I’m sure when you come home from work or school, you do not feel like cooking a meal from scratch.  Most people probably turn to junk food or ordering out, which of course as mentioned in tip #4, adds up.

Below are some ways that cleaning, cutting, and cooking my meals ahead of time has saved me not only money, but time and calories.

The basics

Clean, cut, and season meat, chicken, or fish and place into ziplock bags or reuse grocery bags. Depending on the circumstances, I also prepare and portion out my sides as well (beans, rice, vegetables).

If I want to save a meal for days when I do not have time to cook a meal from scratch – I cook my entire meal, portion it out in tupperware, and place it in the freezer.

Time saver

Before I leave for school, I put the pre-cut and seasoned fish or chicken out to defrost. By the time I return from school, all I have to do is put the food in the oven or grill.

If I already cooked the meal, I put the pre-made food out to defrost. By the time I return from school, all I have to do is put the food in the microwave

Money saver

Portion out your food and you will save money. When I buy a package of chicken breasts that contains two pieces of chicken, I split the chicken breast in half, leaving me with 4 pieces instead of two. Instead of buying two packages of chicken, I can buy one, save money, and make less trips to the grocery store.

Calorie saver

I am enjoying the benefits of preparing food ahead of time. Because I pre-package and portion out my meals, I do not overeat and as a result my waistline has been decreasing. It was when I decided to save money and cut my chicken in half, I realized that my portion sizes were large and I did not need to eat a full piece of chicken or fish to be full. To avoid eating a large portion of fish or chicken, a large percentage of my meal is vegetables.

As you can see, preparing your meals ahead of time will save you time, money, and in some cases calories!

Here are some photo examples of me preparing my food ahead of time.

food on a budget: prepare ahead of time
I made chili in my crockpot, saved it in tupperware, and froze it for later. Each tupperware container was equal to about 3-4 days of dinner
food on a budget prepare ahead of time
I grilled tilapia and made some plantains and green beans. After I cut up the fish, this equaled about 3 days of dinner.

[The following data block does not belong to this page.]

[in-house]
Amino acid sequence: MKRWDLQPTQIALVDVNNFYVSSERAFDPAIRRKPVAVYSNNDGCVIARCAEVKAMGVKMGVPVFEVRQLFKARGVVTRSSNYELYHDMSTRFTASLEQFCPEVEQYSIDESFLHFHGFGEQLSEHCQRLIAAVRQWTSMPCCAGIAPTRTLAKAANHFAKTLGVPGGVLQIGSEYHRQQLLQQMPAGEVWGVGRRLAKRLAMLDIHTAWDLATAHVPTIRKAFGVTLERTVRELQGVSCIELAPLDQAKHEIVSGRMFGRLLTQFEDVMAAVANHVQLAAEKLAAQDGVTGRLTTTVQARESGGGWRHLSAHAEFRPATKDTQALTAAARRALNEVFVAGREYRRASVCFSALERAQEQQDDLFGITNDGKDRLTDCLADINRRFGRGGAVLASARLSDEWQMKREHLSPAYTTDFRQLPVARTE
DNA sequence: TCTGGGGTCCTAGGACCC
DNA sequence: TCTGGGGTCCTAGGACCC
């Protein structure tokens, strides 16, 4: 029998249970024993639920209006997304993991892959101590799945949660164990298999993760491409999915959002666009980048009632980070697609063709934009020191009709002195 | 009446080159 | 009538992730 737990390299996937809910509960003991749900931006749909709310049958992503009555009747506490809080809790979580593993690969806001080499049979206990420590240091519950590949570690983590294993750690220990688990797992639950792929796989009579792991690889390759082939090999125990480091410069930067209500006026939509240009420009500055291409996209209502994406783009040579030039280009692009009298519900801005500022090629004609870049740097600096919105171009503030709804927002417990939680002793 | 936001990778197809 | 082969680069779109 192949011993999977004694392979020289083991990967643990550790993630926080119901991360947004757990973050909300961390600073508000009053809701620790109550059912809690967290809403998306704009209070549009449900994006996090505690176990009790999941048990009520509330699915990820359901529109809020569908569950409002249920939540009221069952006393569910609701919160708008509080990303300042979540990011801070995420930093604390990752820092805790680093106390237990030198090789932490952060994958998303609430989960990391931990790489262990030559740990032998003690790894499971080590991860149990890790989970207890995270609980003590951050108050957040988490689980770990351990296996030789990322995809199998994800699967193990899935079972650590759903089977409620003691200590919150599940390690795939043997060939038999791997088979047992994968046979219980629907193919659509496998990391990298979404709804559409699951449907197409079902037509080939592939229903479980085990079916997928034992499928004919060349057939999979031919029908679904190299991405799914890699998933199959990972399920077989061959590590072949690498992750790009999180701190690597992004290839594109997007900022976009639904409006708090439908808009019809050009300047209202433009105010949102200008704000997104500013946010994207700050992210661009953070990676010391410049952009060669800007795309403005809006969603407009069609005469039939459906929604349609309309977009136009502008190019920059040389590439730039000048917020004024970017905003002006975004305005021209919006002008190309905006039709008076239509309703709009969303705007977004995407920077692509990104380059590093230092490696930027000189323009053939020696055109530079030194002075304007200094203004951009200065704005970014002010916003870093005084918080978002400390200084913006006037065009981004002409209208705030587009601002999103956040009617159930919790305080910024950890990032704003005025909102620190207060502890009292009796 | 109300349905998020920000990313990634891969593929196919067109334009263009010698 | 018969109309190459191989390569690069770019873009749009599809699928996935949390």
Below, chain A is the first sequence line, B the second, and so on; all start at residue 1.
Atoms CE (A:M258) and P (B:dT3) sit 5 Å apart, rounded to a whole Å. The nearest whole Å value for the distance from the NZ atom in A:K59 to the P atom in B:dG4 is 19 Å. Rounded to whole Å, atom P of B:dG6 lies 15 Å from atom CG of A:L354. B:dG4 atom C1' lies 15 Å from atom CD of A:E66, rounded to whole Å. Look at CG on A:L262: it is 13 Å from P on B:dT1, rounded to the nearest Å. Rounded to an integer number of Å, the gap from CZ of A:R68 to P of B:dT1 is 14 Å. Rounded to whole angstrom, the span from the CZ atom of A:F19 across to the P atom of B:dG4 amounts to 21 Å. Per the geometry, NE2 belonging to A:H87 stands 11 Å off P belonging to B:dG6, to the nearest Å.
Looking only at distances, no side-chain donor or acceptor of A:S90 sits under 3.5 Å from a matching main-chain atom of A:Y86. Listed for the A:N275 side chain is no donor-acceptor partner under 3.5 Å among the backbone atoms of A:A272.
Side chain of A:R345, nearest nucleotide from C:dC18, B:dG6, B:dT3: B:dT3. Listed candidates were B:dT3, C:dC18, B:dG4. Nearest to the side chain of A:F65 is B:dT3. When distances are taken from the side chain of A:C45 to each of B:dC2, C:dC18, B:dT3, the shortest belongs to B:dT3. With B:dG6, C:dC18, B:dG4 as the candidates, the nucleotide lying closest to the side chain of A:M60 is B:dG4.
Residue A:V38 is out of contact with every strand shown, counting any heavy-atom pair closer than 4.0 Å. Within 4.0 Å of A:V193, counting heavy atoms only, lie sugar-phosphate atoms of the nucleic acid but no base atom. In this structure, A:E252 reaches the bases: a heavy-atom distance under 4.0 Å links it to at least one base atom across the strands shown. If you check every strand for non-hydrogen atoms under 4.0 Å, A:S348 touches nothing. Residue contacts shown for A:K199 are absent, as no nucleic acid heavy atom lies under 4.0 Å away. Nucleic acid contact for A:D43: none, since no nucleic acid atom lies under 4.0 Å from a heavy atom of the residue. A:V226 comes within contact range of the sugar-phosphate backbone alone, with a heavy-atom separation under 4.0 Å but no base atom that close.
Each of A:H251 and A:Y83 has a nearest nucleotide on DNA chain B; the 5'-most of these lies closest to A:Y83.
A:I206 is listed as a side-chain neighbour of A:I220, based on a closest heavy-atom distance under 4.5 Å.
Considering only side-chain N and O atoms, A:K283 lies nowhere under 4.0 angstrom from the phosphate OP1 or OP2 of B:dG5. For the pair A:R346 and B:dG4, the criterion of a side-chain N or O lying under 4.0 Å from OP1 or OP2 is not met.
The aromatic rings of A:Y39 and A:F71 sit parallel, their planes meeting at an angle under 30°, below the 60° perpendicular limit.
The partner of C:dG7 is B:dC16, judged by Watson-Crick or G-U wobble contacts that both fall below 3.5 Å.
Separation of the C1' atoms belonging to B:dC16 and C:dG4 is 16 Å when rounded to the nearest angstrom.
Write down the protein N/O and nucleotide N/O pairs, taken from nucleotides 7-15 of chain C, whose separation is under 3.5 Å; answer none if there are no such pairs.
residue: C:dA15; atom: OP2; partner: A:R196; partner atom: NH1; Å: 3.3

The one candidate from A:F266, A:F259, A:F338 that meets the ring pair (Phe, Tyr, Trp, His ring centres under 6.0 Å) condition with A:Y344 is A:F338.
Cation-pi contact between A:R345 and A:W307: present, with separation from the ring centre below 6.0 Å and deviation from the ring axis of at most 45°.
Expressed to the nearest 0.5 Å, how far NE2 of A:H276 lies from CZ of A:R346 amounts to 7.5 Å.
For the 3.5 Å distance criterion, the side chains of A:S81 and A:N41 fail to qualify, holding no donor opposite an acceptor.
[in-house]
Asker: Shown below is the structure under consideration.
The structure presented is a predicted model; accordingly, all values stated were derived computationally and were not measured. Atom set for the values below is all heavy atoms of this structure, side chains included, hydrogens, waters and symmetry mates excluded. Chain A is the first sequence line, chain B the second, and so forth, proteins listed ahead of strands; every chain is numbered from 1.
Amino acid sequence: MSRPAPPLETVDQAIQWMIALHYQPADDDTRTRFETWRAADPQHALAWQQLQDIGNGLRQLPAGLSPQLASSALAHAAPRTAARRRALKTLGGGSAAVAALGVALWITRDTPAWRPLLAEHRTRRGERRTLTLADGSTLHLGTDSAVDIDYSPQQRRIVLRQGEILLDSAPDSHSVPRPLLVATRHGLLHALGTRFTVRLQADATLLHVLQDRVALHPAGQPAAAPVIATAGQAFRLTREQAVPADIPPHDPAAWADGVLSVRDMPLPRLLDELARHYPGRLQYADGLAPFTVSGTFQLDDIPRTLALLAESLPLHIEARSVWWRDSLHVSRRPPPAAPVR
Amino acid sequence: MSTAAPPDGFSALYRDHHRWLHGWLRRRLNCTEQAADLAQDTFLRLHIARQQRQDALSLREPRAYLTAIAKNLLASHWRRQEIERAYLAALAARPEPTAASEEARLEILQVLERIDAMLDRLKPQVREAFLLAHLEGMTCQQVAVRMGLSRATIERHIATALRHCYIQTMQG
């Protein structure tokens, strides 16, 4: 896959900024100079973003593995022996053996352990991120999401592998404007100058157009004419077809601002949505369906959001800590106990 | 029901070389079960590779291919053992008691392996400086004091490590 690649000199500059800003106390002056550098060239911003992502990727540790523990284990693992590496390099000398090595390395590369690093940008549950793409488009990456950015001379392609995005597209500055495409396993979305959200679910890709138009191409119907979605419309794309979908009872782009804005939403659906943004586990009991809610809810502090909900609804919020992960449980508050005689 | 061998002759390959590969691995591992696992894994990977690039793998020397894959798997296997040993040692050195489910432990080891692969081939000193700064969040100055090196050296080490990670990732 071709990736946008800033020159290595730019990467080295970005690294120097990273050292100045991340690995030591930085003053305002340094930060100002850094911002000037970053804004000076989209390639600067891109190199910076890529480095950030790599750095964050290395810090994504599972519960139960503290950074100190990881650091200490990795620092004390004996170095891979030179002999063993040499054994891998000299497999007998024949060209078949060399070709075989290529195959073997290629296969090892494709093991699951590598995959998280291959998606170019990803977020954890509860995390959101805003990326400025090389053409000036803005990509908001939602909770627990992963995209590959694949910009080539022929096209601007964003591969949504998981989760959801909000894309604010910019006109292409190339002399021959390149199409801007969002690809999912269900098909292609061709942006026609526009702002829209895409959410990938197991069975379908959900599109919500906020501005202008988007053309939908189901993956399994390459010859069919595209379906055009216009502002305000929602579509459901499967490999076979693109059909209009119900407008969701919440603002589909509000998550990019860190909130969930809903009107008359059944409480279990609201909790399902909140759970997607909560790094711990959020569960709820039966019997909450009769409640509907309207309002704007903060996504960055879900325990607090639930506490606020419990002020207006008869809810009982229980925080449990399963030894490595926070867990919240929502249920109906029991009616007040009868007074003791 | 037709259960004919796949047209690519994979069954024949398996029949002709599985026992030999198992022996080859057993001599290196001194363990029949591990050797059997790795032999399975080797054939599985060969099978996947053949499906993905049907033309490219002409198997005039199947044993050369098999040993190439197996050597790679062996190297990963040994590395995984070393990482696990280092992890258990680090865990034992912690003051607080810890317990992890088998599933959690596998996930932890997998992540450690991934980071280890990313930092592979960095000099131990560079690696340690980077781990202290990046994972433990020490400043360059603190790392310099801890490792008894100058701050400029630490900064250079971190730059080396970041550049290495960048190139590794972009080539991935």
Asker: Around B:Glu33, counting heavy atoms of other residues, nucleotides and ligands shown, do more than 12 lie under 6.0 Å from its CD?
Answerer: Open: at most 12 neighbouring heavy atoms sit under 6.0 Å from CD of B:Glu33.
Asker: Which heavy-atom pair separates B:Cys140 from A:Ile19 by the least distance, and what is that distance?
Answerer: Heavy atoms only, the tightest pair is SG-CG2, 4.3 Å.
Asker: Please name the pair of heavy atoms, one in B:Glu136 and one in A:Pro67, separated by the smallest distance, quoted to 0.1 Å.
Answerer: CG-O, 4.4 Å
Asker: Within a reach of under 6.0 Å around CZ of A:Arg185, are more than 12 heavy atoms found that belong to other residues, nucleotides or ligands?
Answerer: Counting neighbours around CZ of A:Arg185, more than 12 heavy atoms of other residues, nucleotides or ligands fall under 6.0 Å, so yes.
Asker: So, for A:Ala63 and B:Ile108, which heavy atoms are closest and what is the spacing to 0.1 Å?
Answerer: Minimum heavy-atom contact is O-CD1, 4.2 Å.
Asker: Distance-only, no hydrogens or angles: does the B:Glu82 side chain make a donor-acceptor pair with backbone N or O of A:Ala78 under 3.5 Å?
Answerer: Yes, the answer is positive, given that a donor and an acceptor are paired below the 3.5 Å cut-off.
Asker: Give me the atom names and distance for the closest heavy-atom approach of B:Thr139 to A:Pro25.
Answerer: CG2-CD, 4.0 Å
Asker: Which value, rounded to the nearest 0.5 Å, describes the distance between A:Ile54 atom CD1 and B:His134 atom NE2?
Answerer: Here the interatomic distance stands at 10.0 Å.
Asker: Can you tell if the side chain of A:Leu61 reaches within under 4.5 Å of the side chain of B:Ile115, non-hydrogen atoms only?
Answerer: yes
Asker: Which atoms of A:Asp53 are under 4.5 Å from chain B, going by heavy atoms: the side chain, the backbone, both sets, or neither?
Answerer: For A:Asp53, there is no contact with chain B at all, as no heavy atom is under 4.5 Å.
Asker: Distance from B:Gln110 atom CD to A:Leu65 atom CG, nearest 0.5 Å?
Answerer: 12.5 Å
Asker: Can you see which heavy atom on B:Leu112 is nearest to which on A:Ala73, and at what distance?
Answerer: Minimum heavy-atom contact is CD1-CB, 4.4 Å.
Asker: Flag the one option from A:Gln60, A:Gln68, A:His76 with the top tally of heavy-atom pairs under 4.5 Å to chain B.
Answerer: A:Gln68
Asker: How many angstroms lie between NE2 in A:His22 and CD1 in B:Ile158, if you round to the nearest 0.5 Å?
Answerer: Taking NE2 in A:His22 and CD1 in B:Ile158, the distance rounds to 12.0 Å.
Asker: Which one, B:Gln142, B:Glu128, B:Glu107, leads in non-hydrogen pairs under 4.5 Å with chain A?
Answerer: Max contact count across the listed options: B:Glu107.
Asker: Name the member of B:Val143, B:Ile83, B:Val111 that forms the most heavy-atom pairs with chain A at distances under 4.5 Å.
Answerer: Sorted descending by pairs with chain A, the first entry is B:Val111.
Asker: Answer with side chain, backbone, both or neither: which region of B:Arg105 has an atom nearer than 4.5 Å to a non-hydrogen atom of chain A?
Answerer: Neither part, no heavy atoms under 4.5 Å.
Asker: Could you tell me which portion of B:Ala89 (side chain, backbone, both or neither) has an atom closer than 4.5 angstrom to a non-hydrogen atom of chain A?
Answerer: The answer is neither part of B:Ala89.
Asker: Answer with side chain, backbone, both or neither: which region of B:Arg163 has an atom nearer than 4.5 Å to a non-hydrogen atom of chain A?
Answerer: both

Do you prepare your meals ahead of time? Do you find it helps save money?

As always, feel free to share with me your Food On a Budget tips and I will write about it or you can guest blog 🙂



An urban planning PhD student finding peace in creating a balance between the mind, body, soul, & environment.

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Photo Credit: Lisa-Marie Pierre





Food on a budget tip #4: Pack lunch

In elementary school, I brought lunch to school in what I thought was a  cool lunch box or brown paper bag.  Somewhere, I lost that tradition and turned to purchasing lunch. In high school my father gave me lunch money, but I didn’t use it for lunch, I saved the money and purchased  books, electronics, and other things I wanted. Though, I brought my lunch to school, every chicken parmesan day, I found myself dipping into my lunch money savings. Looking back, I could have saved a lot of money after four years of frequently spending 5 dollars a week on chicken parmesan.

Purchasing lunch whether it is daily,  weekly, or even occasionally will add up. I urge you to take the time to add up your expenses and see how much you are spending on buying lunch.

If you are spending anywhere between 10 to 50 dollars a week (and I might even go as low as 5 dollars), I suggest packing lunch. Fifteen dollars is enough to buy food that will last you the week and into the weekend.  No time? I suggest making your lunch at night. I make my lunch before I go to bed and it saves me time. I wake up, grab my food, put it in my lunch bag, and go.

Still aren’t convinced? If you eat out for lunch everyday, spending about 10 dollars a day, you are spending up to  200 dollars a month on lunch. That is how much I spend on breakfast, lunch, dinner, and snacks for an entire month!! With that money you can make a meal plan that suits your needs and save money that can be used towards other activities.

Take that 15 dollars and buy bread, yogurt, deli meat, lettuce, tomatoes, carrots, radishes, grapes, oranges, apples,etc. You will have enough to eat for the week.


My typical lunch varies, but usually I eat for lunch and snack:

Option 1: sandwich, fruit, yogurt, water, and trail mix

Option 2: salad with fish or chicken, fruit, yogurt, water, and trail mix

Option 3: leftovers from dinner (which you can also transform into sandwiches, salads, etc)